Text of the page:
Christie’s uses hologram technology to take a $20m Degas sculpture on tour

Among the most tangible consequences of the global pandemic and Russia’s invasion of Ukraine have been the stark rise in oil prices and the spike in shipping costs. In March the cost of oil reached its highest in 14 years and estimates for shipping art jumped eight to 12 times higher than recent prices. Christie’s, however, may have found a futuristic way around the sky-high costs and shipping bottlenecks affecting traditional methods of transporting art.

Proto, a three-year-old company based in Los Angeles has partnered with Christie’s to take one of the highlights of the auction house’s May sales, Petite danseuse de quatorze ans by Edgar Degas (est $20m-$30m) from the collection of Anne Bass, on tour as a high-end hologram.

In the past, what are commonly known as holograms were expensive, one-time installations. Proto has developed large display cases and software that produce convincing, interactive, volumetric displays, “holograms” that allow realistic images to be shown in what looks like three dimensions. The units are easily transported and the images even more so, so the holographic reproductions can be sent anywhere in the world that has a Proto device.

An instragram video of “The Little Dancer” in Christie’s San Fransisco popup at 47 Geary Street.

“Increasingly, the devices are being used for interactive experiences over long distances—people beaming to meetings from the US to Europe and Asia for instance,” a Proto spokesperson says. “A person appearing in the Proto can see and hear the audience and respond to them in real time.”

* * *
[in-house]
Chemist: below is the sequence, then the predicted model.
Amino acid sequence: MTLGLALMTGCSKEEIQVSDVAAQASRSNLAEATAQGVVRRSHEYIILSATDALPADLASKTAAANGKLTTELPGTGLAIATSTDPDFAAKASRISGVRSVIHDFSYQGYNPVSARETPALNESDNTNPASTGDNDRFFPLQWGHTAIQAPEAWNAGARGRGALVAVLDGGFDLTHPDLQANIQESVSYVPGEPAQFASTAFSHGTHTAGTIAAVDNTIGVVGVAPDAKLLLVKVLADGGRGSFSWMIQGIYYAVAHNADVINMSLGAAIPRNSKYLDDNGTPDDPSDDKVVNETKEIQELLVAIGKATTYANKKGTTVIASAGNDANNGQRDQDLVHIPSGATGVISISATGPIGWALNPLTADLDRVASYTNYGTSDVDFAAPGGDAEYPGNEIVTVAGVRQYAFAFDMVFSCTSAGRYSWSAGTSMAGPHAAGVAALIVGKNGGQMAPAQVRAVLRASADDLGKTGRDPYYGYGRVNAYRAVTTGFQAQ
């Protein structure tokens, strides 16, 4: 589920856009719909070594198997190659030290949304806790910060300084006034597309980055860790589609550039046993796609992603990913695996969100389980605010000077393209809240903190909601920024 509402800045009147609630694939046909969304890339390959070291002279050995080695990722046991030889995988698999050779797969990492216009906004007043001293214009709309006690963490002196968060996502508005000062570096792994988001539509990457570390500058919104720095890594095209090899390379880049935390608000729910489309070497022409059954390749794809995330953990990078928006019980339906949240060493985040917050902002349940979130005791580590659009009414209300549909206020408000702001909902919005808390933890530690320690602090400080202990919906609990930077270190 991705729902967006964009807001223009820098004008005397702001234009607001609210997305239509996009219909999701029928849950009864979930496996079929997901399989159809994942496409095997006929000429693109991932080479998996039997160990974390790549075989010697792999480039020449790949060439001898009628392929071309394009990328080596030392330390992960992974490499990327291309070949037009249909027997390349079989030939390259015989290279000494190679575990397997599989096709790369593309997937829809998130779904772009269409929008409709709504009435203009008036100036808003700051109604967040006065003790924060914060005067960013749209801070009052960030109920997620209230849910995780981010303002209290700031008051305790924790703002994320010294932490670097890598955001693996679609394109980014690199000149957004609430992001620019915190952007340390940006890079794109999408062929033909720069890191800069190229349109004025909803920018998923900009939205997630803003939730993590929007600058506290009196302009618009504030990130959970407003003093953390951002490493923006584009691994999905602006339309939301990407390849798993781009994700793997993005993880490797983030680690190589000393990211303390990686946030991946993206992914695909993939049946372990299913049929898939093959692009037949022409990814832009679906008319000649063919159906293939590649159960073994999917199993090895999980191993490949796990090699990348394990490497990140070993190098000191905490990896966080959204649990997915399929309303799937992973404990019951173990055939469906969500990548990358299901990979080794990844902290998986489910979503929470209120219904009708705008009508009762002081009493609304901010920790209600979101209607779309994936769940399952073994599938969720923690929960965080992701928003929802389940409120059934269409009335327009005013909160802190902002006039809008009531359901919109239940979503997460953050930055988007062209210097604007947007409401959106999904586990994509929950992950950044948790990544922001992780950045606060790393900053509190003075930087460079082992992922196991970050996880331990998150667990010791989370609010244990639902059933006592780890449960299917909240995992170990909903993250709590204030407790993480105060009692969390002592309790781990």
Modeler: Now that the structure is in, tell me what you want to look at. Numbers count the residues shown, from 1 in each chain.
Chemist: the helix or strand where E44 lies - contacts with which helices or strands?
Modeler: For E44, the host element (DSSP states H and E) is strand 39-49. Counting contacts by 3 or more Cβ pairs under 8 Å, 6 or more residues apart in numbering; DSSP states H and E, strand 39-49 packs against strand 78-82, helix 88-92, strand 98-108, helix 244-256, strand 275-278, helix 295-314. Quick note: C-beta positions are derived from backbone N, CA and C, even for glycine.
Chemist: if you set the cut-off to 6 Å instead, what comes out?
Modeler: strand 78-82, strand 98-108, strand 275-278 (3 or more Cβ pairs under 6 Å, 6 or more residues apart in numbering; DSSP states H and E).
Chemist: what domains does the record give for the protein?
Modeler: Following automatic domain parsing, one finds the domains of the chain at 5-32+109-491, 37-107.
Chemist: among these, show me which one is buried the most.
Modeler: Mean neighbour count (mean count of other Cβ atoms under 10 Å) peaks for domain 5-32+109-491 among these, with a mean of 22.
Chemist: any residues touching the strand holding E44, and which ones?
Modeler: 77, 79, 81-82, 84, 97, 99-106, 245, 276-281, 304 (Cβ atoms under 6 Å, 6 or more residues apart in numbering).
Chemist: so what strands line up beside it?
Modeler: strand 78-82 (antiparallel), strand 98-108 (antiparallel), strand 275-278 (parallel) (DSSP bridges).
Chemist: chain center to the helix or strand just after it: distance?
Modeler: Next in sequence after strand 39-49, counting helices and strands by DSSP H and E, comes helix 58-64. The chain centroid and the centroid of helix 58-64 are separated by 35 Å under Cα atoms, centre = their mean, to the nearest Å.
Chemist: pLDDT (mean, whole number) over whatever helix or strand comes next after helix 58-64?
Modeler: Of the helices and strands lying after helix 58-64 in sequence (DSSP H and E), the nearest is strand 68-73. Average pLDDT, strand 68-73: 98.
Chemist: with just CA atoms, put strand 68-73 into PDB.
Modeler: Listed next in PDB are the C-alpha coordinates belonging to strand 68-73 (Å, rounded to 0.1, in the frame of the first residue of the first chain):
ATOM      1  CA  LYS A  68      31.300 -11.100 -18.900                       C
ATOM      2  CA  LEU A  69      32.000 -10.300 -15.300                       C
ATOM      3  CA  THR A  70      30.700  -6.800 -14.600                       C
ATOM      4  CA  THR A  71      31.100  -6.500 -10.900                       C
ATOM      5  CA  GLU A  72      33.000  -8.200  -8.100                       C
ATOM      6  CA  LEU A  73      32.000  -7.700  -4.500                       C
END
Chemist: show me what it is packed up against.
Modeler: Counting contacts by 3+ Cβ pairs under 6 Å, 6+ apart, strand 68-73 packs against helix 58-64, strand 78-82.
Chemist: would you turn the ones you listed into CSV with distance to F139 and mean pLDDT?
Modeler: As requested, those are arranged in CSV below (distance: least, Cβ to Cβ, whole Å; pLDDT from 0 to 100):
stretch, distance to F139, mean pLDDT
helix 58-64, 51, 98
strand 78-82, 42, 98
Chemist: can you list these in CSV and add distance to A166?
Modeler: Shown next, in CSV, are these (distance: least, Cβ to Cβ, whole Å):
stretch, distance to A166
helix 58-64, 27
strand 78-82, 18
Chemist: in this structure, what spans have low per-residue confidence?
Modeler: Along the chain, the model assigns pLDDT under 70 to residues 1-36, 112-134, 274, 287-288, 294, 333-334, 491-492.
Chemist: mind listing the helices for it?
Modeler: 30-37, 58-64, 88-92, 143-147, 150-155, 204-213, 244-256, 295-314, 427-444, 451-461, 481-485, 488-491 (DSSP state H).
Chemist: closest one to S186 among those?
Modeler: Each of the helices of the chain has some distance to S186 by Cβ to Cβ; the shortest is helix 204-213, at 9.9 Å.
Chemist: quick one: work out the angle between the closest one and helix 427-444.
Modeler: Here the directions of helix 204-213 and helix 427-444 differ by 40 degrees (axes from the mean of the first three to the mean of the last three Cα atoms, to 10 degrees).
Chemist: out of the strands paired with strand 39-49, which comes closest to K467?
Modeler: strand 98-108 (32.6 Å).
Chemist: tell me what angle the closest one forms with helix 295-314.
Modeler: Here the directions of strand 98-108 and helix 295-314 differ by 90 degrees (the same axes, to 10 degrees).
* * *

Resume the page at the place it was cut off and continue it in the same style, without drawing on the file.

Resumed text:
If these devices were to catch on (which is possible, but keep in mind how slowly the mainstream art world changes), the way works are transported—especially sculptures featured in art fairs and auctions—could fundamentally change. Theoretically Proto machines could help cut down on jet travel and the art world’s carbon footprint.

The hologram of Degas’s delicate bronze sculpture is currently on view at Christie’s San Francisco and later will be transported to Hong Kong via the cloud. And while it isn’t actually there, visitors can experience the work just as if they were in Anne Bass’s storied New York City apartment, where it stood in the entranceway just a few feet from another item in the sale Balthus’s Jeune fille à la fenêtre (est $4m-$6m). The tiny dancer rotates slowly in her futuristic display case and viewers can pause the rotation by tapping on the screen to examine the detail in the work.

This would be, in a way, the third version of Degas’s masterwork. According to Christie’s, the two-thirds life-size depiction of a young ballet dancer was originally made in wax, which the artist carefully coloured to simulate real flesh. That version was first shown in 1881 at the Sixth Impressionist Exhibition in Paris. Degas finally dressed this figure with real-life accoutrements: a dancer’s cotton faille bodice, linen ballet slippers, a tarlatan tutu, as well as a wig of real hair, scooped into a braid and tied with a silk ribbon. The original wax version was not cast in bronze until after the artist’s death, when 29 casts were made, the majority of which now reside in museums across the world.

Anita Shire

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